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Tis the Season… For Blindsiding Your Spouse?

Wait, what? I thought this was going to be a holiday post?!  It is a holiday post, friends.  Just not the holiday post you were expecting.ID-10045265

If you’ve been watching the news at all lately, you may’ve heard of this “game” some kids thugs are “playing” in which they run up to an innocent stranger on the street and throw a punch with the goal of knocking the person out cold.  It’s termed, “The Knockout Game”.  Lovely.

If you’re like some of my friends, fans and readers of late, you may be able to empathize with these innocent victims on a much more personal and profound level.  See, the truth is that although we typically look towards the holiday season (Thanksgiving through New Year’s) as a time of great joy, love and warmth, there is a darker side to the season.   It’s the time of year when a lot of people decide to clean out their closets—namely of the secrets they’ve been stuffing in there.  Turns out, not all the skeletons are for Halloween.

Take my friend (we’ll call her “Kate”) who recently had her husband of less than a year reveal that when they were dating, he had a one night stand with a woman from “back home” while he was visiting family.  It wasn’t the fact that he’d “cheated” per se, since they were admittedly in that kinda-sorta-not-sure-if-we’re-exclusive phase when the event happened.  It was the idea that she now had to deal with the mess of this new information, and consider how its absence had influenced subsequent decisions—like, umm… getting married.

And of course there were questions.  Questions like:

Why did you do that?

Why didn’t you tell me?

Why on earth are you telling me NOW?!

And perhaps most importantly:

How do we fix this?

I can’t quite tell if the timing is a conscious one or not, but ask almost anyone in the mental health community and they’ll tell you the holidays are notorious for “stirring the pot”.  And just in case that wasn’t enough to run a chill through your hot cocoa, consider the fact that more divorces are filed in January than any other month!  If you’re a therapist, lawyer or crisis hotline worker, you probably know the holidays by another name: “busy season”.

Of course, not all instances of bad news are marriage-endingly horrific, or worthy of “bomb” status.  In fact, there are times your spouse might drop a piece of bad news on of you that’s not even their fault!  For the sake of thematic consistency, I’ll call these smaller events “grenades”.  They’re not on the same level of devastation like an affair, but they catch you off guard, and frankly—it sucks.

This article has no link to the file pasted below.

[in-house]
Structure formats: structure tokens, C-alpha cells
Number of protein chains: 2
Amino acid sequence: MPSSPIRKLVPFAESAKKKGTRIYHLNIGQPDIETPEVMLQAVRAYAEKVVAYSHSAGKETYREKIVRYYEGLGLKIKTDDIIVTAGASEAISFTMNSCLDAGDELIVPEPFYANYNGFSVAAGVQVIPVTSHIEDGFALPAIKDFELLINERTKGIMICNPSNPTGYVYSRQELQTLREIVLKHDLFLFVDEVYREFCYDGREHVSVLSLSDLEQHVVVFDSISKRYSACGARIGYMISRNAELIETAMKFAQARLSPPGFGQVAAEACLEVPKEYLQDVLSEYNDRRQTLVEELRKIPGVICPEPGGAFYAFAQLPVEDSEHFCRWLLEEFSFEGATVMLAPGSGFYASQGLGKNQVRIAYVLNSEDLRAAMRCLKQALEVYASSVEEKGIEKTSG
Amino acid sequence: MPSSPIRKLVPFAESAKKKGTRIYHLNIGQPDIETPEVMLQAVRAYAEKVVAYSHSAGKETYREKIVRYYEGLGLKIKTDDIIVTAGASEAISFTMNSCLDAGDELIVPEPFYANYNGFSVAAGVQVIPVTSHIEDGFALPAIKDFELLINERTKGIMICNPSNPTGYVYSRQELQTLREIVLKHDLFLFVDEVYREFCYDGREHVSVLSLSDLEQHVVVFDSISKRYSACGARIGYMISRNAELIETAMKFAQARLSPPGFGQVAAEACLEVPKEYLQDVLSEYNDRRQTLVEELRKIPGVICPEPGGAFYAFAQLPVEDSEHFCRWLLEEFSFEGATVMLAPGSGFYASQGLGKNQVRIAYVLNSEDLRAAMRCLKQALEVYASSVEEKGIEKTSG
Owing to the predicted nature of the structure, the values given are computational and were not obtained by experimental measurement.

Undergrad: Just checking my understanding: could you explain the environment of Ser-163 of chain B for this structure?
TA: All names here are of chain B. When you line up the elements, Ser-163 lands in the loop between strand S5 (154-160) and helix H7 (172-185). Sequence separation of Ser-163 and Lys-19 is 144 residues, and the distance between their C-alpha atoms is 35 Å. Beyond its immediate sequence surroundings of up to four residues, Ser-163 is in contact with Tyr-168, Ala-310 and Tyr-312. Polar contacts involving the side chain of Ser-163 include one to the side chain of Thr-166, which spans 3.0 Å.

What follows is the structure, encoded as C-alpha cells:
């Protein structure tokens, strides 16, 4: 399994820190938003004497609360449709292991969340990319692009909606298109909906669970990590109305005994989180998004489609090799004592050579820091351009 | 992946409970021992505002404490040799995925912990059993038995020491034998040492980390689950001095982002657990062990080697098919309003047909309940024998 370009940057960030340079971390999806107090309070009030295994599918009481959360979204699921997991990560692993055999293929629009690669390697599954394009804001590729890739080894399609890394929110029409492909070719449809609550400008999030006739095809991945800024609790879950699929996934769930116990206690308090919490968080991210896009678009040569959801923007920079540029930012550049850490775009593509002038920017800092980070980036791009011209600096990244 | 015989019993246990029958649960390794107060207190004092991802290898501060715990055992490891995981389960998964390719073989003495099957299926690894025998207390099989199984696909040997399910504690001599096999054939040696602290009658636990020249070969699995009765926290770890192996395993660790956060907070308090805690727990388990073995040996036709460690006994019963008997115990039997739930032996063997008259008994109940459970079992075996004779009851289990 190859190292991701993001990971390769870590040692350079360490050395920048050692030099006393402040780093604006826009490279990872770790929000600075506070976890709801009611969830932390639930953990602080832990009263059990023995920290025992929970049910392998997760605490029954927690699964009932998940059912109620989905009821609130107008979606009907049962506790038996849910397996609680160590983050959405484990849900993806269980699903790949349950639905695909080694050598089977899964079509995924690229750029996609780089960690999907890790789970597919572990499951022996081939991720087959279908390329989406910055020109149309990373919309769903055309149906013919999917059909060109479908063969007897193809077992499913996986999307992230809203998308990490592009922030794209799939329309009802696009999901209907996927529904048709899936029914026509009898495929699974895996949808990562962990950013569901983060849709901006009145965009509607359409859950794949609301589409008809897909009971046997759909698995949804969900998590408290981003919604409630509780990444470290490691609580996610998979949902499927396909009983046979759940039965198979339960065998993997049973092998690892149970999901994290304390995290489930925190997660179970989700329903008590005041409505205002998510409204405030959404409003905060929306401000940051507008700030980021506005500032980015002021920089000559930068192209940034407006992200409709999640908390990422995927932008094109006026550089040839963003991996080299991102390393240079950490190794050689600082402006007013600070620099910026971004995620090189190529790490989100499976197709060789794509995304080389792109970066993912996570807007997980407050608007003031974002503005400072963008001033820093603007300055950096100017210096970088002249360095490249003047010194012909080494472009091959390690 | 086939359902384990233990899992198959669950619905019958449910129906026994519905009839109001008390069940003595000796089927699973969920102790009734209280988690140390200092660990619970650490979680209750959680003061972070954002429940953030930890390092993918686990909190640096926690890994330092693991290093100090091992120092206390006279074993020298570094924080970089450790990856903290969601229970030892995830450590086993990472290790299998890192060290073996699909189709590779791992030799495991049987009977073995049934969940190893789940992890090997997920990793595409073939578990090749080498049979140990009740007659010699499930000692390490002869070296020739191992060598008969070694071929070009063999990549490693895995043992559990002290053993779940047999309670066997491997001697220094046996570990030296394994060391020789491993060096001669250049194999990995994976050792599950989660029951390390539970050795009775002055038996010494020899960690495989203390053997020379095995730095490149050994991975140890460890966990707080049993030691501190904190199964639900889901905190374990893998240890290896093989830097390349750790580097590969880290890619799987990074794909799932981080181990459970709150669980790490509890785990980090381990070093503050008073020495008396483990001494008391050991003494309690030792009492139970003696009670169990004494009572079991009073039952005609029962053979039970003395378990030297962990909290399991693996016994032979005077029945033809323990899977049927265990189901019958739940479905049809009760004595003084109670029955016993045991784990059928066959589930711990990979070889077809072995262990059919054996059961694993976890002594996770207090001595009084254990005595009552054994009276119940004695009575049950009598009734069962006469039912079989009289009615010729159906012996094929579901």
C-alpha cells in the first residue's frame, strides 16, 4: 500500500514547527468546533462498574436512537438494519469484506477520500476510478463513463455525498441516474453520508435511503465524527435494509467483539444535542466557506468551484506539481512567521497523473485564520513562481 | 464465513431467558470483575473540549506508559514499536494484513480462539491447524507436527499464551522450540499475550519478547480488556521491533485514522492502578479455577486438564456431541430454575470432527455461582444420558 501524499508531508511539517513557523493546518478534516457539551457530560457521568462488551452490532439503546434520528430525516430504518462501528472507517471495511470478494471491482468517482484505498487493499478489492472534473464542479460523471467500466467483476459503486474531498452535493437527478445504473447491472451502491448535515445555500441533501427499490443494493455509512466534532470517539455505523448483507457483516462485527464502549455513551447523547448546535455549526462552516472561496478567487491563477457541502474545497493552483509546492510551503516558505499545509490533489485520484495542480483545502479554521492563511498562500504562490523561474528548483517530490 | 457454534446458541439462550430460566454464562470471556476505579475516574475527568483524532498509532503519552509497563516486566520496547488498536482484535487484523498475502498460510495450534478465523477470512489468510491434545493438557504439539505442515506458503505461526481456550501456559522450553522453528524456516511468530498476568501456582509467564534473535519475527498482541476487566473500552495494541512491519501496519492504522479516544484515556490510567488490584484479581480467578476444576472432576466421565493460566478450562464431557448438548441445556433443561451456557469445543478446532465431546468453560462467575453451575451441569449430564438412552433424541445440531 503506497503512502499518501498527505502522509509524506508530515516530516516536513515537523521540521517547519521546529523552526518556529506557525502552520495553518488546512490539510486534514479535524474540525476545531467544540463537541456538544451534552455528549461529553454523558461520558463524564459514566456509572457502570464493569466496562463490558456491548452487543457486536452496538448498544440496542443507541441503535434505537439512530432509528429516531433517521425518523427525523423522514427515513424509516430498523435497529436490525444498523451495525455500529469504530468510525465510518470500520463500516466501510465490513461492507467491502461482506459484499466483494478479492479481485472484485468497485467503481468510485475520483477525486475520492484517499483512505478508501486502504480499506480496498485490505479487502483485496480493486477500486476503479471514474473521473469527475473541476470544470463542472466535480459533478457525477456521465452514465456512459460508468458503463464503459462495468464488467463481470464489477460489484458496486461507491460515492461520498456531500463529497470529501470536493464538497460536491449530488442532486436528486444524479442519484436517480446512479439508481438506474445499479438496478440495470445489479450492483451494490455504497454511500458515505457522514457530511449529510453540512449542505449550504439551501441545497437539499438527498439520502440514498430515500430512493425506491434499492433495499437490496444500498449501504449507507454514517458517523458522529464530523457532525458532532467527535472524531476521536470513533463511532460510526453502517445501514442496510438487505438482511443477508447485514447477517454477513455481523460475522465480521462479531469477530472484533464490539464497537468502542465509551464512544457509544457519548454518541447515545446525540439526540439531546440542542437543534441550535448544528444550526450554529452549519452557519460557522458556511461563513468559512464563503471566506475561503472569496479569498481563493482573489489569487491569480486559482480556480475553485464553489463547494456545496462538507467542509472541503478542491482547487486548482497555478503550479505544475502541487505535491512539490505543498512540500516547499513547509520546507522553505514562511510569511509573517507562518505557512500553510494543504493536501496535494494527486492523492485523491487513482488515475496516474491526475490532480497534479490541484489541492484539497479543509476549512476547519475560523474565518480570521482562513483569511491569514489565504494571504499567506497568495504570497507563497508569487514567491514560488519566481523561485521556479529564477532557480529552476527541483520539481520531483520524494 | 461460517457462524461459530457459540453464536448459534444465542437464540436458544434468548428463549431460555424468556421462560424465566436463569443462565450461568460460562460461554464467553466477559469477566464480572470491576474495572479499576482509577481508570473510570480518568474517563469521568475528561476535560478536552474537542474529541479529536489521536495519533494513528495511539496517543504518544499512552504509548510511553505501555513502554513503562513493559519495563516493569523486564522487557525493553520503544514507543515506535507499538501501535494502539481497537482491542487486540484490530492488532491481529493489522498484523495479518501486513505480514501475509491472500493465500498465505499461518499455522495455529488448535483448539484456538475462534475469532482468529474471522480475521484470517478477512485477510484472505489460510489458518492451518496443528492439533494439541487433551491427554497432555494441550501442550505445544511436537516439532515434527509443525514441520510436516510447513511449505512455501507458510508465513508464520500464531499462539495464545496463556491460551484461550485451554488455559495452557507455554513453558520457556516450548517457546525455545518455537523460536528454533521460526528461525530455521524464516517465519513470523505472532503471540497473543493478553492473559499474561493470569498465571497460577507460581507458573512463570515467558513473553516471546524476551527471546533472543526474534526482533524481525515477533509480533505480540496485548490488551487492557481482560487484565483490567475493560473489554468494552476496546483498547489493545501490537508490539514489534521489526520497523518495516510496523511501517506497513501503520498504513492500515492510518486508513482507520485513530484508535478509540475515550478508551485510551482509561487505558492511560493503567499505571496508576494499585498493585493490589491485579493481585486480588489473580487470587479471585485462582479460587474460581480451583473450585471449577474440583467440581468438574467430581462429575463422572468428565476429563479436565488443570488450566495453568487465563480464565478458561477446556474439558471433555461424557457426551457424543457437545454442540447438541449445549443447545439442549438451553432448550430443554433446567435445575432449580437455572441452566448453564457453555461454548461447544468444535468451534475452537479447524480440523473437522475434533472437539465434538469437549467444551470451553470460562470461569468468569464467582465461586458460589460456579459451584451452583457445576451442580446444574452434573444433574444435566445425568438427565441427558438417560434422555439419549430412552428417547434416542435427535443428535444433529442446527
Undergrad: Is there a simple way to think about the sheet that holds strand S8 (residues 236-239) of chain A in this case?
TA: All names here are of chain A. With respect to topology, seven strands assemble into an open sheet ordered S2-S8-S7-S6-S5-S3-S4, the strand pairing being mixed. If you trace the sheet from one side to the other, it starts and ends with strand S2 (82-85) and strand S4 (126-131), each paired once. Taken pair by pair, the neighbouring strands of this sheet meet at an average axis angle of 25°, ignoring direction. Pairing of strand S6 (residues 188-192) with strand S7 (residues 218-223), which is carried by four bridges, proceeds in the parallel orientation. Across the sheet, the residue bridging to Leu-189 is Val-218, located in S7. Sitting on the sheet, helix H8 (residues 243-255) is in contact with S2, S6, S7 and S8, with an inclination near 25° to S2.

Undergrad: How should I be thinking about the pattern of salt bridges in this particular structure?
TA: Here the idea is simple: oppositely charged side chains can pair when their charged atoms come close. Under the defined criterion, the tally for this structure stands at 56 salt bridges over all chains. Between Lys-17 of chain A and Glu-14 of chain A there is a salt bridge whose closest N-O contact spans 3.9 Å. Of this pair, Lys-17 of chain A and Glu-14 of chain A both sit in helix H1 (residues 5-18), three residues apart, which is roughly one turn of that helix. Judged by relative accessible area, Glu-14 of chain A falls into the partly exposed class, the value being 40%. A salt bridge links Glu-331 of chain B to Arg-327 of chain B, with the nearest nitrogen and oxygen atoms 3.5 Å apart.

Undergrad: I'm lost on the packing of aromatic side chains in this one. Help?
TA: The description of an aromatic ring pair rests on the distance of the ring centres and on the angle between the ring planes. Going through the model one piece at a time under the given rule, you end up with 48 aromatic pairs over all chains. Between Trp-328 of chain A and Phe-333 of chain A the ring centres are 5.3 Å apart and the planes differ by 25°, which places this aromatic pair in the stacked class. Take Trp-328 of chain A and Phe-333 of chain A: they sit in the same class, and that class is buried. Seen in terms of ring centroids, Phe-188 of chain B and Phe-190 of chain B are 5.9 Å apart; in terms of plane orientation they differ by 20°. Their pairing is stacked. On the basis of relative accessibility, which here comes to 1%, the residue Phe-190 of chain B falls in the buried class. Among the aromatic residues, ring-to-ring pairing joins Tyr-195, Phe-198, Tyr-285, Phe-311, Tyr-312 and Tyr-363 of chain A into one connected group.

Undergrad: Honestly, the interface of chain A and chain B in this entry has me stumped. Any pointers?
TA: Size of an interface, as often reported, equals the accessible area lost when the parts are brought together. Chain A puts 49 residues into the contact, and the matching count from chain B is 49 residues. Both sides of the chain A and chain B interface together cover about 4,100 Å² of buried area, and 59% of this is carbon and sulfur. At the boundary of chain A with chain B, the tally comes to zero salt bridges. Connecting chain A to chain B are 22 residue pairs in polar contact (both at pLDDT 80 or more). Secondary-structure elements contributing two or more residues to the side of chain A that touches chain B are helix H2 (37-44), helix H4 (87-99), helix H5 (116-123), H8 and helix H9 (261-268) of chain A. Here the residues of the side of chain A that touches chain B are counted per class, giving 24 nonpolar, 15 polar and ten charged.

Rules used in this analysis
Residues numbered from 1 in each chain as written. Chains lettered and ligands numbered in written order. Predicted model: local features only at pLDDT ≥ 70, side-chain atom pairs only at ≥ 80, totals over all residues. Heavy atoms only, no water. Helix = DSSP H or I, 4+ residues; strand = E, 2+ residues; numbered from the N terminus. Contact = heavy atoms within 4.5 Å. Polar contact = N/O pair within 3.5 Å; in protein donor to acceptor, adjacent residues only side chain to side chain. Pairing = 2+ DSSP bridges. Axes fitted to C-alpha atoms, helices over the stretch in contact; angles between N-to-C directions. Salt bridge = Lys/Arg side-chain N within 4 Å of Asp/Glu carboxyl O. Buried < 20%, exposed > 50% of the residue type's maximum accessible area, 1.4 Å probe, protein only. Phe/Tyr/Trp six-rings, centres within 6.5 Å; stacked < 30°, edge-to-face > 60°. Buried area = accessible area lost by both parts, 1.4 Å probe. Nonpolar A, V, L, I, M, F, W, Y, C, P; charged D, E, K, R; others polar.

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Recently, my husband took our dog to the vet for his “Senior Checkup”. As you can tell from the picture—he’s still pretty spry for an old guy!  Anyway, when I got home from work, I asked about how everything went.  Our little wonder-mutt was in perfect health, however the vet bill was not.  It was $750.  Yes. You read that right… $750 to learn that our pooch was COMPLETELY FINE.

The next words out of my mouth were: “Why didn’t you call me?!”

My husband looked at me and calmly replied, “Because he’s fine and I took care of the bill right then.”

“Yes, but you didn’t call me.  It was over $300.  We have an agreement.”

Side note: We have an agreement that we always  usually discuss major purchases over a certain amount.

“Because you would’ve told me to pay it,” he replied sounding equally confused and slightly perturbed.

And really, he was right. I would’ve told him to pay it.  Of course I would’ve told him to pay it.  We had the money.  That wasn’t the issue.  He was right. I knew this.

But why could I not shake the feeling that someone had socked me in the gut?

After some careful thought, I realized it was because I would’ve called him.  To me, our agreement was sacrosanct.  Black and white.  Non-negotiable. And perhaps most importantly, it was an expression of equality.  I also realized it had stirred up some old hurts– not even remotely related to him—but rather in connection to the way I related to money.

In this case, he had dropped the “bomb,” but the mess was all mine.

So how do you survive a “bomb dropping” or even a “grenade”?

Here are a few things to consider—

1)   Give yourself time to react.